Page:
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When you write it freezes your stories,” poet and essayist Julian told the audience June 1 at a Writing Our World panel discussion at the University of Victoria. However, he writes “to begin a conversation.” 
Three panelists, led by moderator Lynne van Luven, participated in a flowing discussion of the role of truth, fact, baring the soul, emotion and connection in writing creative nonfiction. 
Julian joined Andrea Paquette, blogger, and Erin Shepherd, novelist and essayist, in the “Life Writing” event Saturday. All three had essays published in a series of related anthologies published by Touchwood Press of Victoria and edited by Van Luven. 
Julian, who published his first essay in Nobody’s Father (Touchwood), said that in writing about his life without fatherhood, he “buried the lead. I wanted to trick people into identifying with me as a transgender person.” The biggest challenge in writing is to “stick with your truth,” said the artist. The Internet has opened up new genres of creative nonfiction, including personal essays and blogs, said Julian. Van Luven, who is a dean at UVic, added that the writer has more room in a personal essay and creative nonfiction than in a formal academic essay.
 Van Luven asked all three writers–all creators of first-person essays–why a writer creates a personal narrative.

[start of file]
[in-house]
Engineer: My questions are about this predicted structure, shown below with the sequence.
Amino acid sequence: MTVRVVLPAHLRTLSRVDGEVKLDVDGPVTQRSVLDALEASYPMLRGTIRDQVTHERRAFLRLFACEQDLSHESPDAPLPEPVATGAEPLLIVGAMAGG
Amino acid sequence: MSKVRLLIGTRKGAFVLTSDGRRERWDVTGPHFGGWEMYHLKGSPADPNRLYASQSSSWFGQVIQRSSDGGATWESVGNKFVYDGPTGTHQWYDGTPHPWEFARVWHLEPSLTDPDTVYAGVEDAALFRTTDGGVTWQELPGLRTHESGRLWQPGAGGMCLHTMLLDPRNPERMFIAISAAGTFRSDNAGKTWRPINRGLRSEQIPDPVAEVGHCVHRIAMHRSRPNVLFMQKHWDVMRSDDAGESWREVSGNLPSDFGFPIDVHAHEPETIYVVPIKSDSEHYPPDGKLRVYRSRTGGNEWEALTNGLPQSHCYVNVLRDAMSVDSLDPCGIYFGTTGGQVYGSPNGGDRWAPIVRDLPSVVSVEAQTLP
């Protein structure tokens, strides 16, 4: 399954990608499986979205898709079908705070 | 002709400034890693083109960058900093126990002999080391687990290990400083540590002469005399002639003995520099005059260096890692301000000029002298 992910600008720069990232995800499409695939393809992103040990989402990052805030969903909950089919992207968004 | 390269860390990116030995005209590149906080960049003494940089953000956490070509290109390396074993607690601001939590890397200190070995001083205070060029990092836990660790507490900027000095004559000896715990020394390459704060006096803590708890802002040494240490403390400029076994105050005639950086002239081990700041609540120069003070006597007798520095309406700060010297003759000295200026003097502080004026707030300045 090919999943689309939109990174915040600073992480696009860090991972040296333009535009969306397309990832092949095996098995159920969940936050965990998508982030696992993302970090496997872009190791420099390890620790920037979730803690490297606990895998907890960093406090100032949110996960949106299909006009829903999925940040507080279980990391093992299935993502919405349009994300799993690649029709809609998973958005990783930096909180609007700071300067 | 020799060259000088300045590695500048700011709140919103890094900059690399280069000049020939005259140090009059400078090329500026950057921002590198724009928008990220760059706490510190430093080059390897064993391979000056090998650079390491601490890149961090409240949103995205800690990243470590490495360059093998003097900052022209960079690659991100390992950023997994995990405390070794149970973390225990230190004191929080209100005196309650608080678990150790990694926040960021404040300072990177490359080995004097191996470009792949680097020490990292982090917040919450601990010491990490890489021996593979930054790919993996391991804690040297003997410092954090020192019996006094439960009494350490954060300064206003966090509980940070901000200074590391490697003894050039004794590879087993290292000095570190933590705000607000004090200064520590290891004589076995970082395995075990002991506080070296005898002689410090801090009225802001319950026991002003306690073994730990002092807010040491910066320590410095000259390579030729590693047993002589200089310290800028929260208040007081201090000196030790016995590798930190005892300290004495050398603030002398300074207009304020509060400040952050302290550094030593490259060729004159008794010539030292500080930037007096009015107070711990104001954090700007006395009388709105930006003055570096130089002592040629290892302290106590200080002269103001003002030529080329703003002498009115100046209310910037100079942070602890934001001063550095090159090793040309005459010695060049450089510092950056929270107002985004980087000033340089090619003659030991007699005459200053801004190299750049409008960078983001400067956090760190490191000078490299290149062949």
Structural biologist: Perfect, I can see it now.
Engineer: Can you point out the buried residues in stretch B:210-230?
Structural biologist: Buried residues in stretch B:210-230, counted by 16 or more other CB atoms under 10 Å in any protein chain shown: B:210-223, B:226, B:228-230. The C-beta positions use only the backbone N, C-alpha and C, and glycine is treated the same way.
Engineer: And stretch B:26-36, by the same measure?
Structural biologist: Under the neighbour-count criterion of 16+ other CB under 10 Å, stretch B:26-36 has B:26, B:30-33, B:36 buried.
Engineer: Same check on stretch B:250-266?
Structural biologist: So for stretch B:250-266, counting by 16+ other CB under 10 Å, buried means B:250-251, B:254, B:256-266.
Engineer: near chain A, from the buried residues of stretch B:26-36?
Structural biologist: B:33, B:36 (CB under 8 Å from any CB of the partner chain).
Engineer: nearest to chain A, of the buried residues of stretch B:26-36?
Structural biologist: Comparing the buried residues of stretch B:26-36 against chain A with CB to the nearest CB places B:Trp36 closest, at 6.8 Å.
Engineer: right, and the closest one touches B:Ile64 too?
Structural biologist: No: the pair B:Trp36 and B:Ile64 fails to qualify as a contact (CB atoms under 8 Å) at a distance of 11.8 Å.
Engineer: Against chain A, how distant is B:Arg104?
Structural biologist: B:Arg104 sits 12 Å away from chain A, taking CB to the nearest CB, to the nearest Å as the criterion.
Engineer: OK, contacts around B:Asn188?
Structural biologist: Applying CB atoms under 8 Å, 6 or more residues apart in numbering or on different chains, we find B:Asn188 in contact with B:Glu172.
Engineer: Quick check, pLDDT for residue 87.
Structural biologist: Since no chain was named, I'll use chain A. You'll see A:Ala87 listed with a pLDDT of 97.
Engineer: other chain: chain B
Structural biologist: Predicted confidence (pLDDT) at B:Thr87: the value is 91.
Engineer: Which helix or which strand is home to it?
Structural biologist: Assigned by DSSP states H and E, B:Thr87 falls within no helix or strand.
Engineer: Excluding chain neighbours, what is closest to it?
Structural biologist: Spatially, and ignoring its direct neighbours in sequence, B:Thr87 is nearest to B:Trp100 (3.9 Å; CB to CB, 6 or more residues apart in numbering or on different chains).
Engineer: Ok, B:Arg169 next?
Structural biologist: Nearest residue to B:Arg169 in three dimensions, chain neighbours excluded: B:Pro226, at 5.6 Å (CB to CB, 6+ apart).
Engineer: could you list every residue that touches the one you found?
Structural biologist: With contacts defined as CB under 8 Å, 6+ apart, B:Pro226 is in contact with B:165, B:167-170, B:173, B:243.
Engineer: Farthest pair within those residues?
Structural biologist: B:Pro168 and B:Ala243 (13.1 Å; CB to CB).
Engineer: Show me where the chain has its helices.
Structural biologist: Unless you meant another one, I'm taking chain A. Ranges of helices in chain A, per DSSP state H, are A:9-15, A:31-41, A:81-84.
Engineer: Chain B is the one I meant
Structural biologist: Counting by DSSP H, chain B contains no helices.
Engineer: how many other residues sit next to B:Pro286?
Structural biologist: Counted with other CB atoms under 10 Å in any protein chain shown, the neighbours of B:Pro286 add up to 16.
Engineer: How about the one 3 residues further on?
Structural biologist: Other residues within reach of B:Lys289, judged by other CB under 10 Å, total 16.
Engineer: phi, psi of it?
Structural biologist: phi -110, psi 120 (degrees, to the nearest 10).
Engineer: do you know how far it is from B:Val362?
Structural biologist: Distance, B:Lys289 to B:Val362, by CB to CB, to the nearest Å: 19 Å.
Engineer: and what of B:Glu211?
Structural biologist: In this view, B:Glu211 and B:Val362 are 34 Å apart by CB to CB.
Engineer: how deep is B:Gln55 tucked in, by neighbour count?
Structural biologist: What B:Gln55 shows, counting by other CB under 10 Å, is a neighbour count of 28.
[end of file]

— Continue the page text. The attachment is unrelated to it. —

Shepherd said he wrote his piece about the absence of fatherhood in his life because he found other people out there in the world had a desire to know about the issue. Noting that interest made him “think it was worth writing about.” Creative nonfiction is closer to the emotional side of writing, and the most important task of the writer is “to be approachable, to keep up the connection” with the reader, he added. The facts of the weather of the day or other specific details recede in importance with that focus on connection. Shepherd said “it was affirming to hear other stories” in the anthology, and indicated that the book’s “many voices” made it enriching for him to read. 
Paquette writes the blog BipolarBabe, about her experience living with bipolar disorder. “I write about my psychosis,” she said, adding that sharing her personal story was hard at first but is easier now. “I wanted to help people not suffer like me and it helps me with my own healing,” she said. Paquette also works actively in the community to inform and educate about bipolar, including addressing the stigma around it. “There is power in the personal essay and digging to your personal truth,” she said. 
Van Luven addressed her own question. She had contributed an essay about her own childlessness to Nobody’s Mother, which preceded Nobody’s Father. It was a choice made 30 years earlier, she said, hence she thought the piece would be easy when she plunged into it. However, she ended up crying for hours, and did not finish the piece for months. “It was purgative but hard,” then it was done, said van Luven. So creative nonfiction, the personal narrative at least, emerges from a writer’s felt need to work through something and achieve insight, healing, or release.The written piece may remain frozen, but the writing of it allows the author to move on.